NRMCA e-news

National Ready Mixed Concrete Association

Schwing America, Inc.
The Euclid Chemical Company
Nearly 90 percent of 1,350-plus respondents to an industry-wide Associated General Contractors of America survey conducted in July and August reported trouble finding qualified craft workers to fill key spots as demand for construction continues to rebound in many markets. Seventy-nine percent of responding firms nationwide cite difficulty filling one or more of 21 hourly craft professional positions, particularly carpenters (73 percent of firms that employ carpenters report difficulty), followed by sheet metal installers (65 percent) and concrete workers (63 percent).

Source: A September 15 posting on, based on a survey conducted by the Associated General Contractors of America. Read more.
A Washington man’s concrete home is still standing after surviving a raging wildfire that passed his home and scorched acres of surrounding land. John Belles said he was prepared for the inevitability of a wildfire when he built his thin-shelled, concrete dome in 1999 surrounded by dry fields in Okanogan County. After shuttling three vehicles off his property, Belles said he realized he had to hurry as the fire was only a couple hundred yards away. Belles said he waited out the flames for about a minute as the fire passed by his home. The only damage sustained was a service pole, which resulted in a loss of power.

Source: An August 24 posting by ABC News. Click here to read more and view the video.
Add Nigeria to the many countries that have realized the advantages of concrete roads. In making his argument, the author cites U.S. statistics publicized by NRMCA and the RMC Research & Education Foundation.

Source: A September 18 posting by The Nation. Read more.
A joint effort of NRMCA and the American Society of Concrete Contractors (ASCC) met during the ASCC annual conference in Dallas last week. A large number of ready mix producers, concrete contractors and equipment suppliers were in attendance. This was the group's second meeting, following an initial informational meeting held in May. Current co-chairs of the task group are Myron Hillock with Somero Enterprises and NRMCA Senior Vice President, Local Paving, Jon Hansen.

The task group's focus is on paving for parking lots and streets and local roads. On the agenda for the Friday meeting was the group mission statement and a list of goals. The mission statement approved by majority vote is: "Support local markets in making concrete pavement the material of choice" and is supported with goals of increased market share, education, awareness building and pursuing paving opportunities jointly through partnerships with contractors and concrete suppliers.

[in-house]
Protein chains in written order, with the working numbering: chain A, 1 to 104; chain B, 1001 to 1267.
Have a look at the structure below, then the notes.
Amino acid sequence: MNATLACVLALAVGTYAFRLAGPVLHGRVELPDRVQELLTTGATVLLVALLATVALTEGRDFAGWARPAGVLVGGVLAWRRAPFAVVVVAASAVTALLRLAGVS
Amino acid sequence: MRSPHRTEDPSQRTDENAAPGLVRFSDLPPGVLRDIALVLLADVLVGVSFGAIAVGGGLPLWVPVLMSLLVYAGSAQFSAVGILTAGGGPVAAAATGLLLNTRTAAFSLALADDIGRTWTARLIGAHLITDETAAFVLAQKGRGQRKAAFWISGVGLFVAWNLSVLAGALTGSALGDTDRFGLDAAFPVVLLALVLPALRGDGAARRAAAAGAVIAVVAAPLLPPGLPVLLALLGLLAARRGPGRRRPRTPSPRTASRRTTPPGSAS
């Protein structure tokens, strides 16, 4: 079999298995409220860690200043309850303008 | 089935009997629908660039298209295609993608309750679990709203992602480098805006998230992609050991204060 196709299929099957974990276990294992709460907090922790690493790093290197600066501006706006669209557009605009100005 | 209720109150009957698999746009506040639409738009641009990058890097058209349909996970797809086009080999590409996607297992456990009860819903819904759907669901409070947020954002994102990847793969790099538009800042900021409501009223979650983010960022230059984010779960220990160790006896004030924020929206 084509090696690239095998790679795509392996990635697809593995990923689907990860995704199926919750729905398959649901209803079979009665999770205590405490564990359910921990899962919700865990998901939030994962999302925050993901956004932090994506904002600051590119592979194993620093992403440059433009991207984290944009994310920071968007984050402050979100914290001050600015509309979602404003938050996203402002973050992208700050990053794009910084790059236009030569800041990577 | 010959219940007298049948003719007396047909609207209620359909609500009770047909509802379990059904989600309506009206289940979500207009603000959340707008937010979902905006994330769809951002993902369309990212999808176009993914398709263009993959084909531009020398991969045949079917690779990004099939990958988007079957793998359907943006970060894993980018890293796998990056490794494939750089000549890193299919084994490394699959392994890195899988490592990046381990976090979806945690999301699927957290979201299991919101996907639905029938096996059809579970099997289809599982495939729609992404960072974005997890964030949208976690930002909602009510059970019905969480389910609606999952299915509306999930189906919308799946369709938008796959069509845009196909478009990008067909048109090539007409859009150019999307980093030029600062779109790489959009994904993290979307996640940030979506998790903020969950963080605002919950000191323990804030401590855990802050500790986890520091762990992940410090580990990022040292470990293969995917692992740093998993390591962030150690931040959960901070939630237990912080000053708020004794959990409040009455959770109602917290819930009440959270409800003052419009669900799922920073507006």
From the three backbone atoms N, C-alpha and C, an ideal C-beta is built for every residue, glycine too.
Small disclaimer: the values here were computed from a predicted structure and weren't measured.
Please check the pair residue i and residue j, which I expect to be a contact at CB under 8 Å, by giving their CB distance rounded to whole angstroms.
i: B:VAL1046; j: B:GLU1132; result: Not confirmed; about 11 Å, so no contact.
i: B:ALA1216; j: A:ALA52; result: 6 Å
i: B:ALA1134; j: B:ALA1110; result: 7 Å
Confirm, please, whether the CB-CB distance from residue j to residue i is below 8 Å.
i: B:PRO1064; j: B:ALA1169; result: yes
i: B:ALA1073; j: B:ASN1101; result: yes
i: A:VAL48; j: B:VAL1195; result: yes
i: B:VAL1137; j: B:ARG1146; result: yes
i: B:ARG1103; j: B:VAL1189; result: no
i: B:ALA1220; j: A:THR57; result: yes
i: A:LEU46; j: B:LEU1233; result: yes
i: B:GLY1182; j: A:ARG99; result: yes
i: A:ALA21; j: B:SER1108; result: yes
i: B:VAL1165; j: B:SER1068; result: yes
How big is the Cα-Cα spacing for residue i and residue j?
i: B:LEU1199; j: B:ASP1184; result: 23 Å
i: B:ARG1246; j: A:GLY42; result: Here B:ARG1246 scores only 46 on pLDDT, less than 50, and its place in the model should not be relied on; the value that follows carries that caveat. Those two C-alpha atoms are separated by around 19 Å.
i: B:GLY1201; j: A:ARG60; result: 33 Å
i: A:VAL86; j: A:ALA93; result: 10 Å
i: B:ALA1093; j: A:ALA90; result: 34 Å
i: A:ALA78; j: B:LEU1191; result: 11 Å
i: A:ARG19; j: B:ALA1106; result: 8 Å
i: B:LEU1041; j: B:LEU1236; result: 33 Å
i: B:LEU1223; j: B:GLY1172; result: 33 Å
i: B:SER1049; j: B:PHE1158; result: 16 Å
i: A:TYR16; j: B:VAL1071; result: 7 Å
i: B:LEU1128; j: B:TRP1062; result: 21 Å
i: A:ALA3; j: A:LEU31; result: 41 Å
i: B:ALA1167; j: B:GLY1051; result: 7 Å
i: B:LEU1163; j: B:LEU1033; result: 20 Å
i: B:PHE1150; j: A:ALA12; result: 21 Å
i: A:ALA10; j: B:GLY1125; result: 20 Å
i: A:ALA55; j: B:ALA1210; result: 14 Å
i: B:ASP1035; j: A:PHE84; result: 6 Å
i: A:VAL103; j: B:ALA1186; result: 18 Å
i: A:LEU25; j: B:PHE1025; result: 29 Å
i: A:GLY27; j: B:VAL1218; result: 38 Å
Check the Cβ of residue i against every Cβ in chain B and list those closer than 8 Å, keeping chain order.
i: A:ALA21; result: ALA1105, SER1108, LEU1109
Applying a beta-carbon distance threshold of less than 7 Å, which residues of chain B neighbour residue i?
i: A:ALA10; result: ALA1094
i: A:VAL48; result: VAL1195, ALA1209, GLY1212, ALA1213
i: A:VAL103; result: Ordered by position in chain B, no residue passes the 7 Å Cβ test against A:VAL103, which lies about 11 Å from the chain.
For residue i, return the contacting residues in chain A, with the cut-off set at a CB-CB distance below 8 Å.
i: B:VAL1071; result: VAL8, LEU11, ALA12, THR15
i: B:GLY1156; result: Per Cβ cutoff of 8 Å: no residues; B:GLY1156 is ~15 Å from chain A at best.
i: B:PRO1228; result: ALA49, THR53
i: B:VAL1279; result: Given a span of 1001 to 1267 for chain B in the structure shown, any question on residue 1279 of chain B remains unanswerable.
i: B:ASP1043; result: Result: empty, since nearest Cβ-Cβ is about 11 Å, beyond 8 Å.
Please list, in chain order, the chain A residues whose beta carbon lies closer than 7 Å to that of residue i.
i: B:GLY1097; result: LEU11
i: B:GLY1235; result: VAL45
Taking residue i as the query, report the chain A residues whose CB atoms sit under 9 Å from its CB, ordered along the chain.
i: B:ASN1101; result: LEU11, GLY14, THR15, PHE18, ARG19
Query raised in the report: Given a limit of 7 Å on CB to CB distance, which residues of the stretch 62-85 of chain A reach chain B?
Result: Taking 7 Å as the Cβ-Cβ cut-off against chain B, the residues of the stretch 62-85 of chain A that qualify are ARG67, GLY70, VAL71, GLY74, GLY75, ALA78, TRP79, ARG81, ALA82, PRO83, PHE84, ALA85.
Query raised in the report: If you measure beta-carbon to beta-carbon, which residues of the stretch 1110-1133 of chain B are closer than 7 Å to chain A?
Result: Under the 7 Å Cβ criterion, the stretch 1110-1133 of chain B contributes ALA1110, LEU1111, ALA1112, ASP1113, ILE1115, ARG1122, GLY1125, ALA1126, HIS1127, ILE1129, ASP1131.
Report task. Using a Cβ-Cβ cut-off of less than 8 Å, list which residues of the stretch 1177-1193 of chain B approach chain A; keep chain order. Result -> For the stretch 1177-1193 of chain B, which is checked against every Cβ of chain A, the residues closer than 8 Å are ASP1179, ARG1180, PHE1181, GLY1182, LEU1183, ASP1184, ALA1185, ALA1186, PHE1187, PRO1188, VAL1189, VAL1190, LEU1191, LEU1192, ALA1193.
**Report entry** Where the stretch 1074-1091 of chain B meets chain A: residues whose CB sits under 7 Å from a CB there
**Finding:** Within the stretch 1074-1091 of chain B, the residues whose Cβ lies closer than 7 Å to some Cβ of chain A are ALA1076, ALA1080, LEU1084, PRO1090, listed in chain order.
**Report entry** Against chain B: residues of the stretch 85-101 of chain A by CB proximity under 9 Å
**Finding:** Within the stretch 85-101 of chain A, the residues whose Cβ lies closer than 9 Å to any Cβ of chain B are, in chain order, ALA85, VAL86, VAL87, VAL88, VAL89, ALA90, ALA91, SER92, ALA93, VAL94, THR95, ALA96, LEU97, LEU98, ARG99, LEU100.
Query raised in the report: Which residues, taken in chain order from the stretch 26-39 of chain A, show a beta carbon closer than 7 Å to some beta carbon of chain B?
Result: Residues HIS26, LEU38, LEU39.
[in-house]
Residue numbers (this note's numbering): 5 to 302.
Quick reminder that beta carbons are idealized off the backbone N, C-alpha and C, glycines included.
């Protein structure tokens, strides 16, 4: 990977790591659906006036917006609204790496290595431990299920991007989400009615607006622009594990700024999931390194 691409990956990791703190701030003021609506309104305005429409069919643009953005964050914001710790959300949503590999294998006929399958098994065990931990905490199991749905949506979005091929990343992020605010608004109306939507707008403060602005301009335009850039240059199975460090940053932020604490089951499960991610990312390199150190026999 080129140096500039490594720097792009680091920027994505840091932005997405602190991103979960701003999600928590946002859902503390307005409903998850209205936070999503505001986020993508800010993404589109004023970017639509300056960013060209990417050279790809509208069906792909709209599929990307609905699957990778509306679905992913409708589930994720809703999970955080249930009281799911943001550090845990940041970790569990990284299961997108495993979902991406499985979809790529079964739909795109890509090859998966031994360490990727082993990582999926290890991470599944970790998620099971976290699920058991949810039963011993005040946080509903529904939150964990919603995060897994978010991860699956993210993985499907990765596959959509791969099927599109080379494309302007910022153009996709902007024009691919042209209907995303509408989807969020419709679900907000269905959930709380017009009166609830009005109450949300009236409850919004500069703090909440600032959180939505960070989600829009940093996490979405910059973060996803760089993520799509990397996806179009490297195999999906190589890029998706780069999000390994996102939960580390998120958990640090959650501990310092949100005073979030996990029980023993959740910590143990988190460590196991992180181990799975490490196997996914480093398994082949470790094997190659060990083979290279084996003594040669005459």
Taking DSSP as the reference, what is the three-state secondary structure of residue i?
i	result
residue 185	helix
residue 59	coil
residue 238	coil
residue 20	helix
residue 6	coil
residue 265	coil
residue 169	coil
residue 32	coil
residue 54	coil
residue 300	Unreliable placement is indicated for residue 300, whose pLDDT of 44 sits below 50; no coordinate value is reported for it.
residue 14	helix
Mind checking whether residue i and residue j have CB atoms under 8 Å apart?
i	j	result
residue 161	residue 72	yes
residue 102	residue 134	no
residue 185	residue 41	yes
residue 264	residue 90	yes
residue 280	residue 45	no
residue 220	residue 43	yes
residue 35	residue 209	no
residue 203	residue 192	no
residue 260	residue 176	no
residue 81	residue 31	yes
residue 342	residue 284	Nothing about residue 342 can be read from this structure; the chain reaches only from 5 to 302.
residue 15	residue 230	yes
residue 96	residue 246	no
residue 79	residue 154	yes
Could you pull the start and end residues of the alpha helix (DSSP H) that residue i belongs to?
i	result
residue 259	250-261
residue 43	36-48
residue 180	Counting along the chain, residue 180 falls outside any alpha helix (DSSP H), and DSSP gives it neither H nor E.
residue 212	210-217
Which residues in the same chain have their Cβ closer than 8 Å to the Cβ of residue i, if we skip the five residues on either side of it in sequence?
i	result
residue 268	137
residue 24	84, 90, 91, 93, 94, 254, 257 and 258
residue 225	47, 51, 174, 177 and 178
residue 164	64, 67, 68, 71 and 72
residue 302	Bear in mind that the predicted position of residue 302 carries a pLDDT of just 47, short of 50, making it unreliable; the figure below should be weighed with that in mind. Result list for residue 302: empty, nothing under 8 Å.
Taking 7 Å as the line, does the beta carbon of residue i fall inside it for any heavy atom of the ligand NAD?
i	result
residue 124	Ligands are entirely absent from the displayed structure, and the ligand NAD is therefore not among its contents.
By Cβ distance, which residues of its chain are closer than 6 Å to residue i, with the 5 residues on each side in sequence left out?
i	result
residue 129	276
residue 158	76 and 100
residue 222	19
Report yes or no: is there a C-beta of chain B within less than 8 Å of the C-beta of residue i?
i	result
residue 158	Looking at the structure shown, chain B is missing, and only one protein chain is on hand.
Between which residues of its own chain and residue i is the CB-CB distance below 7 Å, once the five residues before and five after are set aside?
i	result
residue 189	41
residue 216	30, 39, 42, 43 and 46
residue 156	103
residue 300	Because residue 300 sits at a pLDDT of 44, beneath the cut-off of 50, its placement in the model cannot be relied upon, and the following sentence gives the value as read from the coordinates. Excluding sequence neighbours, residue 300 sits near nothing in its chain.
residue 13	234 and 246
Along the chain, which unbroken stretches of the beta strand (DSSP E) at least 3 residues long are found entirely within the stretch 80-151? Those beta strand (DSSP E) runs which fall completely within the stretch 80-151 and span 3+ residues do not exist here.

Any member of NRMCA or ASCC is welcome to join. For more information, contact Jon Hansen at
Jonathan Arnold, president and CEO of Kansas City’s Arnold Development Group addressed the Closing General Session at NRMCA's ConcreteWorks last week in San Antonio, TX, by laying out his vision for the future of real estate development. From his experience, retrofitting old concrete warehouses for next generation housing, Arnold realized that concrete frame structures provide unparalleled long-term value and flexibility, allowing downstream investors to re-imagine the buildings’ futures. Combining concrete’s intrinsic value with forward-thinking financing and project delivery models, Arnold believes concrete will provide a template to meet the enormous housing production needs we can expect to face in the years ahead in this country.

During his presentation he pointed out how Integrated Project Delivery – or IPD – incentivizes a project team to join forces, working together to find savings while designing and constructing a more durable, hyper-efficient, and attractive multi-family project with 276 units. Using Western Forms to accelerate the construction schedule and reduce waste provides Arnold’s team with a forming system he had to go to South America to see first-hand despite the company’s location right around the corner from his office in Kansas City.

"The efficiencies that Arnold Development’s team have found offer a path for all developers in the multi-family sector to build new facilities that save tenants money, dramatically reduce the buildings’ energy consumption and carbon footprint, and offer an attractive investment option for even the biggest players in this arena," explains Gregg Lewis, NRMCA’s senior director, building innovations. "I hope that when we look back at this year’s watershed event in San Antonio we will recognize it for exactly what it was: concrete’s first step toward reestablishing its preeminence in mid-rise construction. If the Arnold Development team realizes even a fraction of its goals with this project it will revolutionize the way developers work and highlight how our industry can reclaim the mantle of sustainability where long-term value meets lowest first cost. It’s now up to us to take this example and show our colleagues in the design, construction and development industries that the best and most cost-effective design solutions are also the ones that improve our communities and bring green building right into the mainstream."